Don Enrique at the coffee farm in Chachagua
The Nicaraguan Center for Forests, Energy and Climate (NiCFEC) has been designed and developed for people who want to improve their lives while protecting the environment. This education and research facility will provide visitors with hands-on learning opportunities that can be applied in their day-to-day lives. From subsistence farmers to young college students, this will be a place where community is created and learning is fostered.
On a recent visit to the rural community of Chachagua, in the north central region of Nicaragua, we had the opportunity to live and learn with local campesino families, the very people who will benefit most from NiCFEC and the resources it will offer.
Coffee dominates the economy and way of life in this region of the country and one of our first activities was a visit to one of the local cafetales (coffee plantations). The campesino (farmer) who led our tour, Don Enrique, estimates that up to 80% of the families in Chachagua depend on coffee for their livelihoods. The campesino knowledge and awareness is acute - we are talking about people who live and work the land from a very young age, braving the climate, rain or shine, heat or cold. Through this traditional monitoring and evaluation of the natural environment many farmers, like Don Enrique, have indicated time and again that they have seen a marked uptick in hotter days over the last 7-10 years. They are extremely concerned about the potential impacts on their community and their livelihood: the coffee lifeline. This has been corroborated by this past summer’s (February-May) intense heat wave that brought record temperatures to Matagalpa, Jinotega, Esteli and Ocotal, the main coffee processing hubs.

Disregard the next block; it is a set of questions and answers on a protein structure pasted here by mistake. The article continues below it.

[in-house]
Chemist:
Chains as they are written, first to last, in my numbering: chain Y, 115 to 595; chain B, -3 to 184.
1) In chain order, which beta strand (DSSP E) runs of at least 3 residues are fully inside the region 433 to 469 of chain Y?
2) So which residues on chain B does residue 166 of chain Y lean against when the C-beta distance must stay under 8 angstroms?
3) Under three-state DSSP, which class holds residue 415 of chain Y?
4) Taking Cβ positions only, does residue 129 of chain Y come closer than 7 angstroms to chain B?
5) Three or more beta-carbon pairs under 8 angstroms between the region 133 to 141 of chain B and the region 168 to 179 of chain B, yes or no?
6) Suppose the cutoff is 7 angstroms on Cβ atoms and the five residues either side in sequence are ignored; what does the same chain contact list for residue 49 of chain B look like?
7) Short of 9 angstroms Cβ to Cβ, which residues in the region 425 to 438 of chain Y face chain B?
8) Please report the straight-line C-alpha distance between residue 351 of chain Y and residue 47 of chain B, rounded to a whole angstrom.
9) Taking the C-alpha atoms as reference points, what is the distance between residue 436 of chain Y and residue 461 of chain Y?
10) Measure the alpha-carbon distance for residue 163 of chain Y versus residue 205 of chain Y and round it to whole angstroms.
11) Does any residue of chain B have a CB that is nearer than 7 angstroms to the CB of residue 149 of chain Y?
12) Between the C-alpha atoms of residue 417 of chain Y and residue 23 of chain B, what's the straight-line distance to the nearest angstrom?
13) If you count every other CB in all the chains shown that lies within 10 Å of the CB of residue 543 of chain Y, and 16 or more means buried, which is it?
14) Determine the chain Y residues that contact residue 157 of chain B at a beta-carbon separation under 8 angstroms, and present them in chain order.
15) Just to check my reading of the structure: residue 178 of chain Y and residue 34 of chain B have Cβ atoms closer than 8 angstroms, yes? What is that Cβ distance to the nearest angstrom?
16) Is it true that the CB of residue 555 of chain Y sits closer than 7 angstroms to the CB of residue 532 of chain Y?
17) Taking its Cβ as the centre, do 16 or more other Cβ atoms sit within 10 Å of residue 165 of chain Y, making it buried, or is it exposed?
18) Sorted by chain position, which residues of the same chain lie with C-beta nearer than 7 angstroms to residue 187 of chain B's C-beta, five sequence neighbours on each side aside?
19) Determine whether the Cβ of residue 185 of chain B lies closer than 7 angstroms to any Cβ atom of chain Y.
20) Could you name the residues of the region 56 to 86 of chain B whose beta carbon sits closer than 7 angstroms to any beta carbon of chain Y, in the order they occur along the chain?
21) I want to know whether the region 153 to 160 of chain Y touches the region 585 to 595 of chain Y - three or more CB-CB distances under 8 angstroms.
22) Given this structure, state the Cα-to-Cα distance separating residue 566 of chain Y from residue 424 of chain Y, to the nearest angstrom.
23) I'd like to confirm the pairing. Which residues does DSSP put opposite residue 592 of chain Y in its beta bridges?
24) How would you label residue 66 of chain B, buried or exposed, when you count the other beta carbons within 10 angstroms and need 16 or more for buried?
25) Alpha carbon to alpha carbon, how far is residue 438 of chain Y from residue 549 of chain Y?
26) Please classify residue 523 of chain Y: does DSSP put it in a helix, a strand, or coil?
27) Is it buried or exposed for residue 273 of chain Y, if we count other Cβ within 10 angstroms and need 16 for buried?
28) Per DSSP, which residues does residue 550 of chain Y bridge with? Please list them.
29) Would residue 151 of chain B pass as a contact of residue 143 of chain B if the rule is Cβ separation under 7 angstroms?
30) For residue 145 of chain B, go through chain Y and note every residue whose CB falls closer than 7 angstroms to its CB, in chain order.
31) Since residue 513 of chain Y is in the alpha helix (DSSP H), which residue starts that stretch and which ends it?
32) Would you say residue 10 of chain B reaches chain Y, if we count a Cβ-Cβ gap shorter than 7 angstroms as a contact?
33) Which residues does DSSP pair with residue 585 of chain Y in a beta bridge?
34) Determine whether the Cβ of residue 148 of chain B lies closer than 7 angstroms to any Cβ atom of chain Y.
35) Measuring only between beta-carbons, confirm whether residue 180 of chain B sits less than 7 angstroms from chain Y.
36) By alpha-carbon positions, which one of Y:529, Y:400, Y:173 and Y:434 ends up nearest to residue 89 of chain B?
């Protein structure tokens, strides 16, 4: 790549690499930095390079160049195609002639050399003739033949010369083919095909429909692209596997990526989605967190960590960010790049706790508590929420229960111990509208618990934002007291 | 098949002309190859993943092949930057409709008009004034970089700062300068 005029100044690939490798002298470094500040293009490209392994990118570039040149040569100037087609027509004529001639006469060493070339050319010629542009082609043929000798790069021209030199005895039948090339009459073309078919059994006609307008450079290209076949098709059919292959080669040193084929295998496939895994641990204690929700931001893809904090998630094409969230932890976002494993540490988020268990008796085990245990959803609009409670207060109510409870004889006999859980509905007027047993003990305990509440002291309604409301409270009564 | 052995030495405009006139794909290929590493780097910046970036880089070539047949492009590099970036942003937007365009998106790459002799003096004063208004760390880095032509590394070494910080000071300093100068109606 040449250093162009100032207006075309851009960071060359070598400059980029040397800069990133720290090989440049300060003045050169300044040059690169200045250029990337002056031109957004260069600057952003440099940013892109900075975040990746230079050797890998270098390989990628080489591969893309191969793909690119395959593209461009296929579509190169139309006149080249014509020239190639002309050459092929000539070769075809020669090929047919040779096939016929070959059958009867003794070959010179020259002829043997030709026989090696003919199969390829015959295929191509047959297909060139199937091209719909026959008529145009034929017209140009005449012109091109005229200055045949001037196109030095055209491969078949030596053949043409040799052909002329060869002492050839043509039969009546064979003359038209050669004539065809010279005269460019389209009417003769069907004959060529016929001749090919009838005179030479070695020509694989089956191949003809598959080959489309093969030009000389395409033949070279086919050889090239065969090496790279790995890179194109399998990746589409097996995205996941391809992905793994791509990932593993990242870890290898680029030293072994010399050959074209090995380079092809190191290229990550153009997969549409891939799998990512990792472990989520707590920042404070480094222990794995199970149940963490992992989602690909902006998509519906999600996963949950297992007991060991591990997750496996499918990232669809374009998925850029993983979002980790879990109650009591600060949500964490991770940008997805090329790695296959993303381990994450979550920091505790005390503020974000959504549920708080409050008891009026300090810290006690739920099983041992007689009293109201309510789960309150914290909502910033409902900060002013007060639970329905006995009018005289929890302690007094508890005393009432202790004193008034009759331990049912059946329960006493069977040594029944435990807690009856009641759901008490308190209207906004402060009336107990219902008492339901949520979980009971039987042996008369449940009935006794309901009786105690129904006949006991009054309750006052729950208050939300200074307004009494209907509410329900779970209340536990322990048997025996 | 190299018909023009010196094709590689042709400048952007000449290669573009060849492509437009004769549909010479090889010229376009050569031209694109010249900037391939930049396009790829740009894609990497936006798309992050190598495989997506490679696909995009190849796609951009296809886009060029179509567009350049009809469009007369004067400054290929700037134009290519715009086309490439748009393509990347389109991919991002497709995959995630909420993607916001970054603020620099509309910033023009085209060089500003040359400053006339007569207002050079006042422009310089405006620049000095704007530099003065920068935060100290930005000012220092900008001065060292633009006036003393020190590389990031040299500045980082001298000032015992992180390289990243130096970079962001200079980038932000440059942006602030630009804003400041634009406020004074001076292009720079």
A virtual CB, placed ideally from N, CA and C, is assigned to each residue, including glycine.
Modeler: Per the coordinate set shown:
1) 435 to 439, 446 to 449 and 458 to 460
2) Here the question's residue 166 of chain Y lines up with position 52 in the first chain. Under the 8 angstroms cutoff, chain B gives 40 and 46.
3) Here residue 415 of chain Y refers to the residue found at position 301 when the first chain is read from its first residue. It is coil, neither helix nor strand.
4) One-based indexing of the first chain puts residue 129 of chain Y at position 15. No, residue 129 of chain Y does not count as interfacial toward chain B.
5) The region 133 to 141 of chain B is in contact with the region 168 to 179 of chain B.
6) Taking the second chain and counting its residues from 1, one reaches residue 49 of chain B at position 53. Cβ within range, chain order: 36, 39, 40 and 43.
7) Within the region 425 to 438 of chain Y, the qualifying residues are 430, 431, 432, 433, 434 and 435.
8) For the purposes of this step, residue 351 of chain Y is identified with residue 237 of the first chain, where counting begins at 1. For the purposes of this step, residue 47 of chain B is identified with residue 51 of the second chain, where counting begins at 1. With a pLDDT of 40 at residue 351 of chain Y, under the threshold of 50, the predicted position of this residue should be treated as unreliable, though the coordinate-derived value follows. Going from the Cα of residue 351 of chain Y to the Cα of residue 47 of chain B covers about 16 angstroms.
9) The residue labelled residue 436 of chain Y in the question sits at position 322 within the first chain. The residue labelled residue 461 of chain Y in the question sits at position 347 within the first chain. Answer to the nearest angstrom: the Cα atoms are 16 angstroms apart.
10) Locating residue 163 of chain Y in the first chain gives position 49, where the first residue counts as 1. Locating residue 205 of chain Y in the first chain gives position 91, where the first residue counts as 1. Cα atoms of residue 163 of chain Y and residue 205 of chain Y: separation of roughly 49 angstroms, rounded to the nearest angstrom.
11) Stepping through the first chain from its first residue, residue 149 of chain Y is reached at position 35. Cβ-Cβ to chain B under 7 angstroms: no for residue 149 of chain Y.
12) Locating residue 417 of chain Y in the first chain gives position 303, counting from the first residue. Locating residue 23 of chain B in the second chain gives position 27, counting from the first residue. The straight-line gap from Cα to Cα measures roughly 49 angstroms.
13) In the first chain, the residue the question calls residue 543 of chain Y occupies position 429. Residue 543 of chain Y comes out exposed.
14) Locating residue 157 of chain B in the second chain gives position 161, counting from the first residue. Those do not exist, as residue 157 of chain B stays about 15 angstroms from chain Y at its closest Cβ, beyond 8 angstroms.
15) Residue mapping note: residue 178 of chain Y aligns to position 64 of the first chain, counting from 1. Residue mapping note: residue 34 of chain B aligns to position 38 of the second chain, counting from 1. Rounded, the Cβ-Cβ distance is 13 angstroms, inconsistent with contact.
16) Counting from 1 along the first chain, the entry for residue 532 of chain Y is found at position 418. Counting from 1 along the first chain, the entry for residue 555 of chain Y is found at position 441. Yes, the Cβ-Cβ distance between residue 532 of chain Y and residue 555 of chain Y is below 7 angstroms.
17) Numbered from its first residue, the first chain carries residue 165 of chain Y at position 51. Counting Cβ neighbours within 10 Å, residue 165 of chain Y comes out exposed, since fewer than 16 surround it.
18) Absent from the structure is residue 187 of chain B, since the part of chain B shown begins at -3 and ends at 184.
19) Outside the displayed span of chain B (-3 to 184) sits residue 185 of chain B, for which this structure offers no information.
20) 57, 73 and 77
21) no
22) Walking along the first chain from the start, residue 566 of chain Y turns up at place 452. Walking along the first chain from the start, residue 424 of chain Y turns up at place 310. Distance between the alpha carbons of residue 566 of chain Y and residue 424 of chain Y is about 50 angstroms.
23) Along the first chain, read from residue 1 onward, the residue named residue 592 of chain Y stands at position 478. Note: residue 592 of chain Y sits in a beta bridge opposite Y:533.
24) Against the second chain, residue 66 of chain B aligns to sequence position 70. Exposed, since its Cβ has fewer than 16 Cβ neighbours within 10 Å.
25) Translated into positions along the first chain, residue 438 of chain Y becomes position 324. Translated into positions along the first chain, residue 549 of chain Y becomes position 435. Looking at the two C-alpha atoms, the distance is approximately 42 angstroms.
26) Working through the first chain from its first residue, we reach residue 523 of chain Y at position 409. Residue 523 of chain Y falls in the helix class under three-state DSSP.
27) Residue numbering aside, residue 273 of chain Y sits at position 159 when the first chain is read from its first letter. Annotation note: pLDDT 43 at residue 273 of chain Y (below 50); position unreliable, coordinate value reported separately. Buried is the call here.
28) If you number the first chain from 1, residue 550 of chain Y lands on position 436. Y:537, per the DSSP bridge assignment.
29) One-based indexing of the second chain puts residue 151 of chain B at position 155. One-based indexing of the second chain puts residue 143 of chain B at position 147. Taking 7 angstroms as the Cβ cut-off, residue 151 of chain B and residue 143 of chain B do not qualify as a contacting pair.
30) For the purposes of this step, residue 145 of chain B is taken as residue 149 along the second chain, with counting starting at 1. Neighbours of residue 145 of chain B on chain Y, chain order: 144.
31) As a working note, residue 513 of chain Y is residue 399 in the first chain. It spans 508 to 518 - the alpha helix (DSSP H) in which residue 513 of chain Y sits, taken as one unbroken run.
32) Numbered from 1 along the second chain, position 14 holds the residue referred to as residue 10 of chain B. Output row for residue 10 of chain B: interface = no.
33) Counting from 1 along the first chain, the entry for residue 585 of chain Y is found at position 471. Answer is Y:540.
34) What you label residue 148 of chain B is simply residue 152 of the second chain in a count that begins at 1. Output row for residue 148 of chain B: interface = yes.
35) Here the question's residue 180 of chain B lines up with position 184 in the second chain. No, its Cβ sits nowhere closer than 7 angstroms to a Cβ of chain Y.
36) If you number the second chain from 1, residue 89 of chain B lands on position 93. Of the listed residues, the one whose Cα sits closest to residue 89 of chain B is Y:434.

According to some estimates, coffee represents anywhere from 20-25% of agricultural export revenue in both Honduras and Nicaragua. The economic importance of the crop cannot be overstated, and in the rural areas that are far from the main and even secondary roads in Honduras and Nicaragua, there are extremely limited opportunities for scratching out a living. If the coffee crops continue to struggle and should they ultimately fail, the coffee-dependent communities in these regions will likely see increases in internal migration and immigration, higher rates of malnutrition, poorer educational conditions, and general socioeconomic malaise.
“We need to plant more trees to have healthier soils and better air. As the cities grow we need to protect our forests.” Said Don Enrique, who sees pollution in large urban centers like Managua as a major cause of climate change.
Visiting and working with rural communities like Chachagua for the past 18 years has given TWP staff and partners insight into how climate change is having a direct, negative impact on families. We have seen and heard that there is a strong need for crop diversification, reforestation, conservation and overall forest management as well as clean cookstoves and small-scale renewable energy systems. The NiCFEC will give people like Don Enrique the opportunity to learn from the experts in these areas and take this knowledge home to their families and communities.
We hear climate deniers in the U.S. continue to debate whether climate change is even real. I invite them to visit with the farmers we work with, whose crops and livelihoods have been devastated by a changing climate, and tell them not to worry about it. This is a very real issue and we hope to be a part of the solution. Thank you for joining us by supporting the Nicaraguan Center for Forests, Energy & Climate!
Agriculture and forests compete for space